Sangita Seshadri, medical records keepe/photojournalist taking a moment to entertain the kids.

As we did the rounds with the surgeons and pediatricians through the Wodi ya watoto (Childern’s ward), the beds were filled with cleft lip and cleft palate cases. We are now done operating on the burns cases, it was time to restore smiles and speech.

Tom Fox, our mission director always says that unlike most other causes that we support either by donating money or by doing hand-on work, one of the unique features of the Rotaplast mission is that we get to see the results right away rather than waiting for months or years to see the fruits of our labor.

Tom’s first mission was to Venezuela in 2002 after which he was hooked and has participated in as many missions as he can, he does 2-3 missions a year.

The missions are a great way to experience the life the way it is in each of the country we visit.

Alina pre op

Marguerite Fleming (PACU assistant) giving a dose of tylenol to Ivan Nelson prior to his surgery. Marguerite has done five missions thus far. She finds it interesting to see Neal at work as this is his passion. She is very honored to be able to come and make a difference in the lives of the people.

Alina in post op

Ivan before and after surgery

Glory John before and after surgery.

As the surgeries are progressing, there were new patients coming in that were being evaluated and registered for surgery.

Ellen doing Vitals for 2-month-old Namminje who has a cleft palate.

Ellen Adams, our second PACU nurse has been going on Rotaplast missions since 2006. Her first mission was to La Aroya in Peru. She heard about it from her colleagues who had been on these missions and was very keen on serving the community at large. Ellen has always been in the PACU role on her Rotaplast missions and loves being there. Ellen is a perioperative educator in her hospital.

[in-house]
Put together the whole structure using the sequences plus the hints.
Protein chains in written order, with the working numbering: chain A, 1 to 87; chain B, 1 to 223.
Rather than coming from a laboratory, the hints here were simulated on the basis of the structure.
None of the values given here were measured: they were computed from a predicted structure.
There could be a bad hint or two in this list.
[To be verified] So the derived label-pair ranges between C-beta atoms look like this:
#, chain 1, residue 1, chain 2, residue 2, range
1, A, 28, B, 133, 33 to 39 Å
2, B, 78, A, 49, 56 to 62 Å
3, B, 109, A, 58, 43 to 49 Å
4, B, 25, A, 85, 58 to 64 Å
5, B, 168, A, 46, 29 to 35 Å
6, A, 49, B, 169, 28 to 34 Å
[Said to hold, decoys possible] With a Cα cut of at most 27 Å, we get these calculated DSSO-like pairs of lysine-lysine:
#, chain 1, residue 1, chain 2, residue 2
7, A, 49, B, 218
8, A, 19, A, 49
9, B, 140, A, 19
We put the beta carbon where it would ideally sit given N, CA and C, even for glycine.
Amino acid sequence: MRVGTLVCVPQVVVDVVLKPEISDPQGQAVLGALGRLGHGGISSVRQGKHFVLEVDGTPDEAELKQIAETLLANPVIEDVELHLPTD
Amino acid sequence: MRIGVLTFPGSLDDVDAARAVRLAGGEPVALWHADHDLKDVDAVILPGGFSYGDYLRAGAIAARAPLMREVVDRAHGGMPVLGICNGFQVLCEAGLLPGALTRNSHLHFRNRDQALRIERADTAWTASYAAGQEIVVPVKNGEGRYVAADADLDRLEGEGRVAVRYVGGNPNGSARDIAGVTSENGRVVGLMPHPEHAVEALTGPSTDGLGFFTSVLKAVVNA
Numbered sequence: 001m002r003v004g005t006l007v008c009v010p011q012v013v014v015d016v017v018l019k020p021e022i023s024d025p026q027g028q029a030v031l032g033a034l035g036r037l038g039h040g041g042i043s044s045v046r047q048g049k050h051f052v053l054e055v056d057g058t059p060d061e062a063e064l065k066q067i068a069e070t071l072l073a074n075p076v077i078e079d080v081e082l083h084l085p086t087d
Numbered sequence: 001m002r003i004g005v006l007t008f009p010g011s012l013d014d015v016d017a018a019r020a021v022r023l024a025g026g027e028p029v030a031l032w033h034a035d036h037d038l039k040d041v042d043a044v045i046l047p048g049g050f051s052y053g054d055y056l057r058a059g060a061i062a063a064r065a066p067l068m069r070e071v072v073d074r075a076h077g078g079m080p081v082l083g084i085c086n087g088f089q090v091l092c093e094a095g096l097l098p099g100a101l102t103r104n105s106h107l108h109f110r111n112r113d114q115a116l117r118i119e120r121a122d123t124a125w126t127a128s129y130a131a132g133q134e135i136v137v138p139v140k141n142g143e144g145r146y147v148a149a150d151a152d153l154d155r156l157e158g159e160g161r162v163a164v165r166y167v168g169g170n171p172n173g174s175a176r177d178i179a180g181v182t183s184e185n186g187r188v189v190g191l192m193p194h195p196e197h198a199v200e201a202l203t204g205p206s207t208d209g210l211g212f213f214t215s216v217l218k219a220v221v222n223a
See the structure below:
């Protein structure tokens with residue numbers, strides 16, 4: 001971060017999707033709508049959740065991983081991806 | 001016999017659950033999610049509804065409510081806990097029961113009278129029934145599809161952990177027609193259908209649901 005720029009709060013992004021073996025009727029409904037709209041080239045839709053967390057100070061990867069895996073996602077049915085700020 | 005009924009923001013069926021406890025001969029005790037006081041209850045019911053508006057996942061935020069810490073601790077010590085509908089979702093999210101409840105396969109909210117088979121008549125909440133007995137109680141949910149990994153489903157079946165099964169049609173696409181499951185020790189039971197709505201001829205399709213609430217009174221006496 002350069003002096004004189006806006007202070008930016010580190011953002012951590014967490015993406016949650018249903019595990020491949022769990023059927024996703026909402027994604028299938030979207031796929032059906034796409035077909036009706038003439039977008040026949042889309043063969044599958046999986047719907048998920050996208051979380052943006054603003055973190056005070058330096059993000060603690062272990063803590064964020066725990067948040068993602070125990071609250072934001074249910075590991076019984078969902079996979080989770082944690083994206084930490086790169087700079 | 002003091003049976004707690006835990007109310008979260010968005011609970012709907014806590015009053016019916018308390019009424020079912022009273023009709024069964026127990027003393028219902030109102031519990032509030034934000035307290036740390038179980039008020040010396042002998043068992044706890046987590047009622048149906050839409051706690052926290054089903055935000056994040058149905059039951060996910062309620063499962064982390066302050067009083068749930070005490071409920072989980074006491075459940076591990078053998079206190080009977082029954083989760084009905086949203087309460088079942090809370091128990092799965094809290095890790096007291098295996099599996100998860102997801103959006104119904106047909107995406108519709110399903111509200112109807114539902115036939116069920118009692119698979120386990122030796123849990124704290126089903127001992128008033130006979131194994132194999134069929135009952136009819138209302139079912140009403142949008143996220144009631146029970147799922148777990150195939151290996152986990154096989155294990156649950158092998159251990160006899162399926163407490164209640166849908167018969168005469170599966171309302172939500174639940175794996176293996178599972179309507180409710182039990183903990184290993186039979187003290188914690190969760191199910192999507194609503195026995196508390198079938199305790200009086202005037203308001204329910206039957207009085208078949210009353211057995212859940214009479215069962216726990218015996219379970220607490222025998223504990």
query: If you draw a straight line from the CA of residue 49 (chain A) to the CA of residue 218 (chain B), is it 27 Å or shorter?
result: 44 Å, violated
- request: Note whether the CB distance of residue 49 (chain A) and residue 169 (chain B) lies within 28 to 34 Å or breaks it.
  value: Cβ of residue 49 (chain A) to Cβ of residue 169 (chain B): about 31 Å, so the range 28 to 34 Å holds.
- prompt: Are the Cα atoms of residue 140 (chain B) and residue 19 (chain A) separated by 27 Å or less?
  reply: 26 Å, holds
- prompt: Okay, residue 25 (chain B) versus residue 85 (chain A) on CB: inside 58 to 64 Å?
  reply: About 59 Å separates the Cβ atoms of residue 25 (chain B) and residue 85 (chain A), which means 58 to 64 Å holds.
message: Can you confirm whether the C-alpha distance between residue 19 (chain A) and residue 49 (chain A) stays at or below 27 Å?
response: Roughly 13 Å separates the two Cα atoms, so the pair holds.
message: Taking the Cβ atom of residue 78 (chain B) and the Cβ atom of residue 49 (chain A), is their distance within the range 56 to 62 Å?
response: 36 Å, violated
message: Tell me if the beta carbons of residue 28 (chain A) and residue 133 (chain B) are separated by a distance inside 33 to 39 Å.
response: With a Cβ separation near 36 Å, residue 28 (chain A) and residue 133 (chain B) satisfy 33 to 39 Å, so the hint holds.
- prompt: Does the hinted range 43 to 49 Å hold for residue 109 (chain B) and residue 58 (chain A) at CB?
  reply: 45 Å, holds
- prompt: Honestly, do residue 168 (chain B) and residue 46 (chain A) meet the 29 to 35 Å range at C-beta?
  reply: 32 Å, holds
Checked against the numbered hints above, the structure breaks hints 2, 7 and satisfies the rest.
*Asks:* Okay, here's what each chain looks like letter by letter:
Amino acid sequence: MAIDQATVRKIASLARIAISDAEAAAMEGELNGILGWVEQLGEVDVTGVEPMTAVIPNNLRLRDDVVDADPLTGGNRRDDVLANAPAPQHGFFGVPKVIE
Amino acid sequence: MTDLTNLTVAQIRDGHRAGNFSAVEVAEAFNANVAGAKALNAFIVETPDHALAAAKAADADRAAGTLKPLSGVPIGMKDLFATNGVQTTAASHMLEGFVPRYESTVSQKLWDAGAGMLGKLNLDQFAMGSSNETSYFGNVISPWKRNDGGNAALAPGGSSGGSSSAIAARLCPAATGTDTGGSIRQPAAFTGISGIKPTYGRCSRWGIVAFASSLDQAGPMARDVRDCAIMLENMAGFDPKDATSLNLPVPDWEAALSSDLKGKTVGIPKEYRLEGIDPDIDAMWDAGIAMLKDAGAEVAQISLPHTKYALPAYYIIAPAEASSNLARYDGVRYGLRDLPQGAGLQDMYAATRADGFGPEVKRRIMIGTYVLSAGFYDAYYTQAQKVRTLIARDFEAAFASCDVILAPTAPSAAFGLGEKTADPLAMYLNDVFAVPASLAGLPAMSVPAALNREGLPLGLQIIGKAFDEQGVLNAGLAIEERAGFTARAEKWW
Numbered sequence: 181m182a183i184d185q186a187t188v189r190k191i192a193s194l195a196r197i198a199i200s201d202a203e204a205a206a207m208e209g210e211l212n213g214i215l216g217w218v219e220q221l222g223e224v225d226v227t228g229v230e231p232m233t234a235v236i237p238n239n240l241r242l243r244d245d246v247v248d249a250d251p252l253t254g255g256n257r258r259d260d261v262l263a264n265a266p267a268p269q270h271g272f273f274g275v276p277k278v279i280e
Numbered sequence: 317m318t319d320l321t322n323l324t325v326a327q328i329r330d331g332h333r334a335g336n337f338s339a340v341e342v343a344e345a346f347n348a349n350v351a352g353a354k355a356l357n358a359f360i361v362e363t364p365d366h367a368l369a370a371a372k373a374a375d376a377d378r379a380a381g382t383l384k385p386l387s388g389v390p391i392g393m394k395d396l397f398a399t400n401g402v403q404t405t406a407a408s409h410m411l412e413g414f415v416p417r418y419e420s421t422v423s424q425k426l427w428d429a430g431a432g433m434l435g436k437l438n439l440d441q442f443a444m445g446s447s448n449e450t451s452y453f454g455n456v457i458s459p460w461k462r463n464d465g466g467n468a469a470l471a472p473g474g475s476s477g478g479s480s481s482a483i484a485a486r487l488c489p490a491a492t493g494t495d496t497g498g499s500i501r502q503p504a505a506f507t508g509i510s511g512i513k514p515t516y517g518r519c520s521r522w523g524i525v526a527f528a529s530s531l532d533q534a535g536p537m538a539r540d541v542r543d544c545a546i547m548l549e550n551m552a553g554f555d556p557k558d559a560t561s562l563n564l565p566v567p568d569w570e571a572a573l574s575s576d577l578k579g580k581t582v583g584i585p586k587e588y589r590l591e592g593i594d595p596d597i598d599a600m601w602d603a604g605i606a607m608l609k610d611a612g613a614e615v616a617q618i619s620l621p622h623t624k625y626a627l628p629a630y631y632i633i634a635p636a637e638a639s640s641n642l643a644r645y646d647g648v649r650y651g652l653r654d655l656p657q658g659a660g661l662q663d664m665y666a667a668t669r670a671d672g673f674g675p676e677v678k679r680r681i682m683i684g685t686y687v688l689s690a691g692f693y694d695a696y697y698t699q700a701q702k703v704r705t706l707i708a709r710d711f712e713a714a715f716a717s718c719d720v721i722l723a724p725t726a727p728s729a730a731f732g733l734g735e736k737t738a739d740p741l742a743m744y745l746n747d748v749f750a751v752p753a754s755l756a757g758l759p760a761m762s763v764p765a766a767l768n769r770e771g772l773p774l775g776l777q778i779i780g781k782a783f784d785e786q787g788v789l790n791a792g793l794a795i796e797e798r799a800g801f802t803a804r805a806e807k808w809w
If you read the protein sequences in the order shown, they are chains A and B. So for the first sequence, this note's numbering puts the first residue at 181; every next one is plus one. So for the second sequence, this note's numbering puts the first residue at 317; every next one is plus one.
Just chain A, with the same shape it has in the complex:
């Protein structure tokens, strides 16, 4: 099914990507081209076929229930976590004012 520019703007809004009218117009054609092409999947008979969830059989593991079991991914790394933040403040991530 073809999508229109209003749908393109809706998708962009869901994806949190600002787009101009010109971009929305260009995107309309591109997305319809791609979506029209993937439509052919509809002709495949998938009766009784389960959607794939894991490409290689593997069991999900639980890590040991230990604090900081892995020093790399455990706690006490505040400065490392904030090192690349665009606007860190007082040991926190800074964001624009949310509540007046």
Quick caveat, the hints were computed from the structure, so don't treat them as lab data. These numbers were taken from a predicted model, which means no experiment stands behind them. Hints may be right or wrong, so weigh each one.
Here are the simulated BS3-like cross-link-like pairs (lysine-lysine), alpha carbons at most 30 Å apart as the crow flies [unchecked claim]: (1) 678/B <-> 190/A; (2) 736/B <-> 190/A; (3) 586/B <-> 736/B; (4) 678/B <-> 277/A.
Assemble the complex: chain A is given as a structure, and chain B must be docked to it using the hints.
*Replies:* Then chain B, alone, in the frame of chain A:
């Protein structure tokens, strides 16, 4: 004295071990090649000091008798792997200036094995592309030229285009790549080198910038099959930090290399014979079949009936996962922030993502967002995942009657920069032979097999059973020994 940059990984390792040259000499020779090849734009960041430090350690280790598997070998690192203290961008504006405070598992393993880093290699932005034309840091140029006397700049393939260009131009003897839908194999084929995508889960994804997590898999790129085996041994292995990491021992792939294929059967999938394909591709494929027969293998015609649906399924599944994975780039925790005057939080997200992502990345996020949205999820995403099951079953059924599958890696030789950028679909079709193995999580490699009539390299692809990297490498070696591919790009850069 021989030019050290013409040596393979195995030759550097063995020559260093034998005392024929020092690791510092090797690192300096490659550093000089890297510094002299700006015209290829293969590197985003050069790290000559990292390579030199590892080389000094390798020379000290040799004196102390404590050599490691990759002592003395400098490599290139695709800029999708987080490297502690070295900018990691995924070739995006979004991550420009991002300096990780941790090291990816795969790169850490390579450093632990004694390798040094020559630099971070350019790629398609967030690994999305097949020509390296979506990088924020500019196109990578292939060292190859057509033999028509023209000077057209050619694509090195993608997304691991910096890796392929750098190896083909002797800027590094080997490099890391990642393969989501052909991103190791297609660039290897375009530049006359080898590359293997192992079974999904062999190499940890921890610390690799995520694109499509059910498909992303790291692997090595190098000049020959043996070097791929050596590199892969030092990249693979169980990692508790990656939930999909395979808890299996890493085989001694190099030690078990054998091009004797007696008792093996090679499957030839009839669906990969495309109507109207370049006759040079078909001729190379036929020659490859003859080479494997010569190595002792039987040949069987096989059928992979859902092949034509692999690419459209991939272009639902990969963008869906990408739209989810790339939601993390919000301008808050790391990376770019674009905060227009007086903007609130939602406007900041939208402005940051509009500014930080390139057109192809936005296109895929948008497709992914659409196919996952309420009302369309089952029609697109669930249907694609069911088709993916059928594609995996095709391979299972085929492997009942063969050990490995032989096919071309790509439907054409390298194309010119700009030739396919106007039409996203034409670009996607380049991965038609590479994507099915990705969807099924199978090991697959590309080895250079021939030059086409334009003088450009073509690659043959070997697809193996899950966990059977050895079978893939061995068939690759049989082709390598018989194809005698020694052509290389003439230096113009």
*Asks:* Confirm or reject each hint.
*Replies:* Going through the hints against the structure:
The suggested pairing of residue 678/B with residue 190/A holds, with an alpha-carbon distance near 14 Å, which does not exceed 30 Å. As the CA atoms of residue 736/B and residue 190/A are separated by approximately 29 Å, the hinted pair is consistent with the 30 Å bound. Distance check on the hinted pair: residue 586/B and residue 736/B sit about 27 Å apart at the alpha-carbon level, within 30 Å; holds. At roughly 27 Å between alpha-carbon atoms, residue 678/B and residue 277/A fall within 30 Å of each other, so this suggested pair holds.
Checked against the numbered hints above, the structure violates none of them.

Sterilizer is one of the critical roles on the Rotaplast mission, one needs to ensure that surgical tools for get sterilized and are available on time if not they can easily be a bottle neck and cause delays to the schedule. Tineke’s first mission was in 2012, this is her third mission. She enjoys getting close to the patients and their families. She finds it very fascinating to see how happy the families get on this mission after they receive treatment for their ailments, it is just conveyed through their eyes and body language since most of the times most of us don’t speak or understand the native tongue.

This is the 13th mission for our quartermaster Ted Alex, he has done variety of roles on the missions. The first eight were as a sterilizer, on some he has been the ward coordinator and on the others a quartermaster.

We had a few first timers on the team, Ida-Tang-Tantoco, our Ward coordinator was one of them. The others were her husband Hil Tantoco, Lindsay Miskin and Jennifer Johanson.

Ida is a certified nurse and was an ICU nurse for a number of years and now is a dialysis nurse.

Lidsay Miskin and Jennifer Johanson are daughters of Dr. Todd Farnworth, our Medical Director. Both, Lindsay and Jennifer practice nursing in Arizona. They have seen their dad participate in missions over the years and they used to collect toys for the missions that their dad went on. Jennifer was thrilled when she got this opportunity to be part of this mission to give back to the society at large. She also loved seeing the whole team work together as a cohesive unit.

“A smile is a curve that sets everything straight.” » Phyllis Diller